All students are certain about one thing: that they have the right to their own choice, even when that affects others. ‘I realise my decision is a bit of a selfish one and I also worry about playing petri dish to new variants of the virus’, Thom says. ‘But I do believe my right to choose trumps the thoughts of others.’
What do others think? One could safely assume that staff and faculty at the UG have their own concerns about unvaccinated students. When asked about their anxiety, John says his self testing and mask use should allay any fears ‘The vaccine has been easy to get for a while and professors have had the possibility to get one if they feel unsafe.’ He offers an alternative: ‘I am happy to wear a mask… I’ll be testing myself several times a week too.’
For students like Thom and Keelan, life will continue as normal this week, albeit with lectures to attend, readings to do, and parties to be at. For the vaccinated, it will soon become apparent if the shots in our arms will offer sufficient protection to the whole university community, hopefully keeping the lights on and university’s doors open in the process. As John nonchalantly offers ‘life goes on…’
With the GGD (Public Health Service) recording vaccination rates of 71 percent among people aged twenty to twenty-nine in the province, these students remain in the minority. Hanneke Mensink, a spokesperson with the GGD, says ‘it has never been easier to get a vaccine than now’.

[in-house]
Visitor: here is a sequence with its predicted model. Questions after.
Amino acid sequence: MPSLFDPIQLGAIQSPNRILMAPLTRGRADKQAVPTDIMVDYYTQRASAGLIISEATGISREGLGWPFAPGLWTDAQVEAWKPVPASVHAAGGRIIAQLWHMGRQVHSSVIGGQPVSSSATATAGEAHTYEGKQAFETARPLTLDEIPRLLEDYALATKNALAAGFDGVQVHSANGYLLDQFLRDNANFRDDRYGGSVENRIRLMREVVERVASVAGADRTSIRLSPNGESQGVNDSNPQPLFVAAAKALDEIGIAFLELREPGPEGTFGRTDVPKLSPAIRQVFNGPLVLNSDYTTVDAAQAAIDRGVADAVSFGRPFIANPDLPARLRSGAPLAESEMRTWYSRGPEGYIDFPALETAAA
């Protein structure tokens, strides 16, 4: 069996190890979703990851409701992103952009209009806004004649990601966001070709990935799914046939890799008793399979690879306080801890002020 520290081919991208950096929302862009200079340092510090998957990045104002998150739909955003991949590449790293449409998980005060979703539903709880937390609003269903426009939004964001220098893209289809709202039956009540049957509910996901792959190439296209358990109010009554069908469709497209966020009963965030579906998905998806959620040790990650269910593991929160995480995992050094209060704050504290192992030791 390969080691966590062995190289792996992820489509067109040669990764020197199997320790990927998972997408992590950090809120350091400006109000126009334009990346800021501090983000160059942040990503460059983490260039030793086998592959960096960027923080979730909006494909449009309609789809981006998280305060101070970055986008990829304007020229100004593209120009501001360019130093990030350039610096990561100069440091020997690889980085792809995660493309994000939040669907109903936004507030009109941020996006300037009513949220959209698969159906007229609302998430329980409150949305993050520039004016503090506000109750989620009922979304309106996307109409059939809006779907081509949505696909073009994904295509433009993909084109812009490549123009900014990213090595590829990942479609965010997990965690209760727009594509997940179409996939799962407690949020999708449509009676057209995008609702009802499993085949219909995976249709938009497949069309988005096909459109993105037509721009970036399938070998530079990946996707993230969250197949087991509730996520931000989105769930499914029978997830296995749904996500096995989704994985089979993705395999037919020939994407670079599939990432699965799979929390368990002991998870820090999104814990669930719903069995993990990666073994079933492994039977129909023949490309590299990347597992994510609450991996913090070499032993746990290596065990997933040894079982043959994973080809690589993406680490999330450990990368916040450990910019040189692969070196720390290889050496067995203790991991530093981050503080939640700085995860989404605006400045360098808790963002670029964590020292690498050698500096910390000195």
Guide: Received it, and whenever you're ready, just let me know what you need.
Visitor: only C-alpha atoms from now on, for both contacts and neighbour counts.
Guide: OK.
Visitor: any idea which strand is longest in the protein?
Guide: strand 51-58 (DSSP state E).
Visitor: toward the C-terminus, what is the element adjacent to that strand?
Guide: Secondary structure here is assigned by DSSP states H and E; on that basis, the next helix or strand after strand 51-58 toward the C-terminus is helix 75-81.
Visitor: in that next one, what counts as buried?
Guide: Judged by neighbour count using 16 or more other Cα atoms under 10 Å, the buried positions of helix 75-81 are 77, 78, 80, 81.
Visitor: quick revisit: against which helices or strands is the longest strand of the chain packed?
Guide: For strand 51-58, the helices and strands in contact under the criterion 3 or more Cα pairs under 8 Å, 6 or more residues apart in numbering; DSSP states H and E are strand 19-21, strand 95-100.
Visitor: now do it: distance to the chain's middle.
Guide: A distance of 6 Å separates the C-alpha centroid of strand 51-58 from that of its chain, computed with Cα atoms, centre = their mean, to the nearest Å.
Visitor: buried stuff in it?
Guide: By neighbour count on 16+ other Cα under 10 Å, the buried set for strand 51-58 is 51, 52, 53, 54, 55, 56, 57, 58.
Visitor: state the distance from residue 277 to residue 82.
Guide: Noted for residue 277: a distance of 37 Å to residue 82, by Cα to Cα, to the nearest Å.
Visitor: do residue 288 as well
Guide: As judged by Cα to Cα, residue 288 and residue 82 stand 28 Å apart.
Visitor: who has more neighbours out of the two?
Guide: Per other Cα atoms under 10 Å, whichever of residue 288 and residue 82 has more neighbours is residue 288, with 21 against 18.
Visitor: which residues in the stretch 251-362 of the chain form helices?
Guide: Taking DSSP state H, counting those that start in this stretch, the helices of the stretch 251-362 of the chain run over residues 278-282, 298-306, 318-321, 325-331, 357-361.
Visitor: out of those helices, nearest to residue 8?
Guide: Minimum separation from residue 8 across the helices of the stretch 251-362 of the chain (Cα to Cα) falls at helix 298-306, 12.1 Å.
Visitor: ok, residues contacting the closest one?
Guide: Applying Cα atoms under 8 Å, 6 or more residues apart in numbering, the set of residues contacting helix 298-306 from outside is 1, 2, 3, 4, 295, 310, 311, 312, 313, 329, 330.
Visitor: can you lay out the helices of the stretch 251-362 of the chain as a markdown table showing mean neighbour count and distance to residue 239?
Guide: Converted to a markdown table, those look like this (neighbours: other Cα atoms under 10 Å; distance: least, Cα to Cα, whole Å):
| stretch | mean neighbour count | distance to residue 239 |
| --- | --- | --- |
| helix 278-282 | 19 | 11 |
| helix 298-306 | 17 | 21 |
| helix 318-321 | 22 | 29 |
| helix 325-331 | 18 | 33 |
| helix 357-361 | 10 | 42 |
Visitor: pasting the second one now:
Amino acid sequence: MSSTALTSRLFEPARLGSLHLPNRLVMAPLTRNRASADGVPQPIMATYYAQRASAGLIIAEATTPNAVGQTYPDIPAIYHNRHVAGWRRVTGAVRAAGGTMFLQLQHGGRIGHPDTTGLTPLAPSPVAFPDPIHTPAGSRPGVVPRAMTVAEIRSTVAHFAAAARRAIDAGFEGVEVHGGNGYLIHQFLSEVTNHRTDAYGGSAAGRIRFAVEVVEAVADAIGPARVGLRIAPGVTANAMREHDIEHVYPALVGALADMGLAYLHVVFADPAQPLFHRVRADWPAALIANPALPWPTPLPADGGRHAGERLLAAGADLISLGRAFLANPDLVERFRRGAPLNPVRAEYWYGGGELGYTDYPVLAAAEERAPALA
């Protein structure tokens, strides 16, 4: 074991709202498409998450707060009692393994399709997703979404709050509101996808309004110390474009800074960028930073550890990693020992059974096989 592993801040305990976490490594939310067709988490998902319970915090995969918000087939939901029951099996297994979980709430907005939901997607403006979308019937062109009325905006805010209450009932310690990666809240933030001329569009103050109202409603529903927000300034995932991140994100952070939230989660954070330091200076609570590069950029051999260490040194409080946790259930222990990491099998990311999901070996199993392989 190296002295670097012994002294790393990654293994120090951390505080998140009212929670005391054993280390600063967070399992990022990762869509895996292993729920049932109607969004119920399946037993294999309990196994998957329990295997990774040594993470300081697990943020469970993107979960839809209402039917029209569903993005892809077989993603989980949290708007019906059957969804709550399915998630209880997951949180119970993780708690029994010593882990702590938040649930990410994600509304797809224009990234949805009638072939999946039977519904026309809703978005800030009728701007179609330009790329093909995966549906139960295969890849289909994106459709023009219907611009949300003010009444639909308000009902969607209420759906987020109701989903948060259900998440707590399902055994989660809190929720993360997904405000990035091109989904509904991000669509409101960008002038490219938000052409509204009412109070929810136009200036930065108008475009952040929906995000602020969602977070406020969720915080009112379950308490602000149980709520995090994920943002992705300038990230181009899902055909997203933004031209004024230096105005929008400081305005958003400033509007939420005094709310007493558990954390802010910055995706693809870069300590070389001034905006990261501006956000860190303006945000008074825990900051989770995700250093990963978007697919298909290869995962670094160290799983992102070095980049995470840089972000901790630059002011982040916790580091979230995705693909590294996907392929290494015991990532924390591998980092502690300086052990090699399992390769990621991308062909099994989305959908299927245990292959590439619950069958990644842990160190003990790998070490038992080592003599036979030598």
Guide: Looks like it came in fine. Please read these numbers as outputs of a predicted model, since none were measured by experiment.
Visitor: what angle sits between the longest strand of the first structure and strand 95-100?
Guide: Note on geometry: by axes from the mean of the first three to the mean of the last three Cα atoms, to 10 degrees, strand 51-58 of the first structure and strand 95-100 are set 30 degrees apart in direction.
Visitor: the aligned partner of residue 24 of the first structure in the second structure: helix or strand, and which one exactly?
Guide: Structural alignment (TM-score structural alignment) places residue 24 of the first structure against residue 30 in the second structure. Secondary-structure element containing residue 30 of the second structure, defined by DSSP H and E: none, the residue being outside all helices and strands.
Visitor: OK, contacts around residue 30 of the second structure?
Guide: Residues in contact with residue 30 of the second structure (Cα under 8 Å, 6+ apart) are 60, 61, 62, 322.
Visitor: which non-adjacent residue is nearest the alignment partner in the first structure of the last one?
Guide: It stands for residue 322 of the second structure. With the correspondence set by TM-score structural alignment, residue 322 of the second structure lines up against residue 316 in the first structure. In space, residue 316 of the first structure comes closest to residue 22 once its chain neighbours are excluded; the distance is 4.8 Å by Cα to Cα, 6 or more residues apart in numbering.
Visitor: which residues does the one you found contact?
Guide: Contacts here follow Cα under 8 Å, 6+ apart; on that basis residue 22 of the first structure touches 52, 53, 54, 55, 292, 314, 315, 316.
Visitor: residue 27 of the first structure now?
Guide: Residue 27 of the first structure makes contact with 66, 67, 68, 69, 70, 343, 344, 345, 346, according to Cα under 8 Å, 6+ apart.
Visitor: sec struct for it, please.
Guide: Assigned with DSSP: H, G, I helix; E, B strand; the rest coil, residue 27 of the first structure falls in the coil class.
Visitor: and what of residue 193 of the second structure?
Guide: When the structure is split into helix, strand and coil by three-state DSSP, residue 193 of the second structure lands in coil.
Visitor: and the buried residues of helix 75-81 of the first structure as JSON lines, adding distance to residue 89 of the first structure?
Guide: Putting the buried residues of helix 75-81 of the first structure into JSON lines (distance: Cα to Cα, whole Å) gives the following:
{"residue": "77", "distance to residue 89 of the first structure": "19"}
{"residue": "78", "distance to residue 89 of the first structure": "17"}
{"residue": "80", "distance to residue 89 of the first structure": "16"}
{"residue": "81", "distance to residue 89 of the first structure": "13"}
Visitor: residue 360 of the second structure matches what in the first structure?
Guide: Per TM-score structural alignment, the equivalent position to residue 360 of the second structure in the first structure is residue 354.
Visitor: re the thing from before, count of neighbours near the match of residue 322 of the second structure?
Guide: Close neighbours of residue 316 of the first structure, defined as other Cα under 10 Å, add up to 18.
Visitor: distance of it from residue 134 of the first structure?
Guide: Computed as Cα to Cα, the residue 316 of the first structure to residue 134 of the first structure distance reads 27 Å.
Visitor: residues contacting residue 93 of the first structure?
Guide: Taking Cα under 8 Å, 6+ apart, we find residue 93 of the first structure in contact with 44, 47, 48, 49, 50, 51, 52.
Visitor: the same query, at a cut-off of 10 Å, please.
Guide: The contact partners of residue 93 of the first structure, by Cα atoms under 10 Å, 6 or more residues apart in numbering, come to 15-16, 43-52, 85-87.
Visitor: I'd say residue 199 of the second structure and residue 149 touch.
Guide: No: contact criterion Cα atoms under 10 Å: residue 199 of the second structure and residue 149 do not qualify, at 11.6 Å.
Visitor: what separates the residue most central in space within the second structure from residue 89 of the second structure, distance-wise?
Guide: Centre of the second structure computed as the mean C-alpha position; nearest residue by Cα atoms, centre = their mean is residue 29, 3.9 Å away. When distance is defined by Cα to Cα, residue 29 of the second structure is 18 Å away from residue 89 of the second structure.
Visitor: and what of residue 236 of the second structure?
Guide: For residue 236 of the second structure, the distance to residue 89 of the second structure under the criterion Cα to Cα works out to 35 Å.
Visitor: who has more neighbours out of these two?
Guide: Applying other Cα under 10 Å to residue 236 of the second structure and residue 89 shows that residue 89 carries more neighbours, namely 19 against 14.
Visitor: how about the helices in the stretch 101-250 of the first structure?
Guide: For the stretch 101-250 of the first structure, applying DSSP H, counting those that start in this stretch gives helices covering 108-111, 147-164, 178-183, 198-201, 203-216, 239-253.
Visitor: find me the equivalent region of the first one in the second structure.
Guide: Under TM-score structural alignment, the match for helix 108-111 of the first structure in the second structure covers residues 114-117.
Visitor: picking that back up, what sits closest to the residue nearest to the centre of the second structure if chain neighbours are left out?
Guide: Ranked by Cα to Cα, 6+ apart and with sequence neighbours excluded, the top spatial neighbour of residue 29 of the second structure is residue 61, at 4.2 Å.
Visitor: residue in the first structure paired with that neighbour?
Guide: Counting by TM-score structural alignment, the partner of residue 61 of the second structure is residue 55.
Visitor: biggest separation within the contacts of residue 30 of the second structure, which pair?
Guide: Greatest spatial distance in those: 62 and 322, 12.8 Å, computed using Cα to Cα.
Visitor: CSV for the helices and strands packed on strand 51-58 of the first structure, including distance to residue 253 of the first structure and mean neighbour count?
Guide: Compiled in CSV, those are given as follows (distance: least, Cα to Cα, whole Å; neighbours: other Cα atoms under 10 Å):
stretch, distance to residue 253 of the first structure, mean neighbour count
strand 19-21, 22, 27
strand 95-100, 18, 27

People can get a vaccine at Martiniplaza without an appointment. ‘You only need to bring an ID,’ says Mensink. On offer is the single shot Janssen vaccine with other types available upon request. Other vaccination centres, opened for the new academic year, are handily laid out so that in theory one could pop in after a 9 a.m. lecture or on your way home from class.
- Martiniplaza; Daily, between 9 a.m. and 4.30 p.m.
- Academy Building; Wednesday September 8, between 9 a.m. and 4.30 p.m.
- Willem Alexander Sport Centrum on Zernike campus; Thursday September 9, between 9 a.m. and 4.30 p.m.
Running the health authority’s largest ever vaccine rollout is no mean feat and this means that ‘the GGD is really only involved with the rollout’. However, Mensink stresses that the GGD aims to accommodate those who are hesitant. ‘People who are a bit anxious can indicate this immediately upon arrival.’
While the GGD are not in the business of incentivising vaccinations, they are careful to stress that in the Netherlands ‘we don’t do things just like that, we use really good research to make accurate medical decisions’. ‘If students are still unsure about their choice to get a shot, they are welcome to come and speak to the medical staff on hand and be further informed’, Mensink says.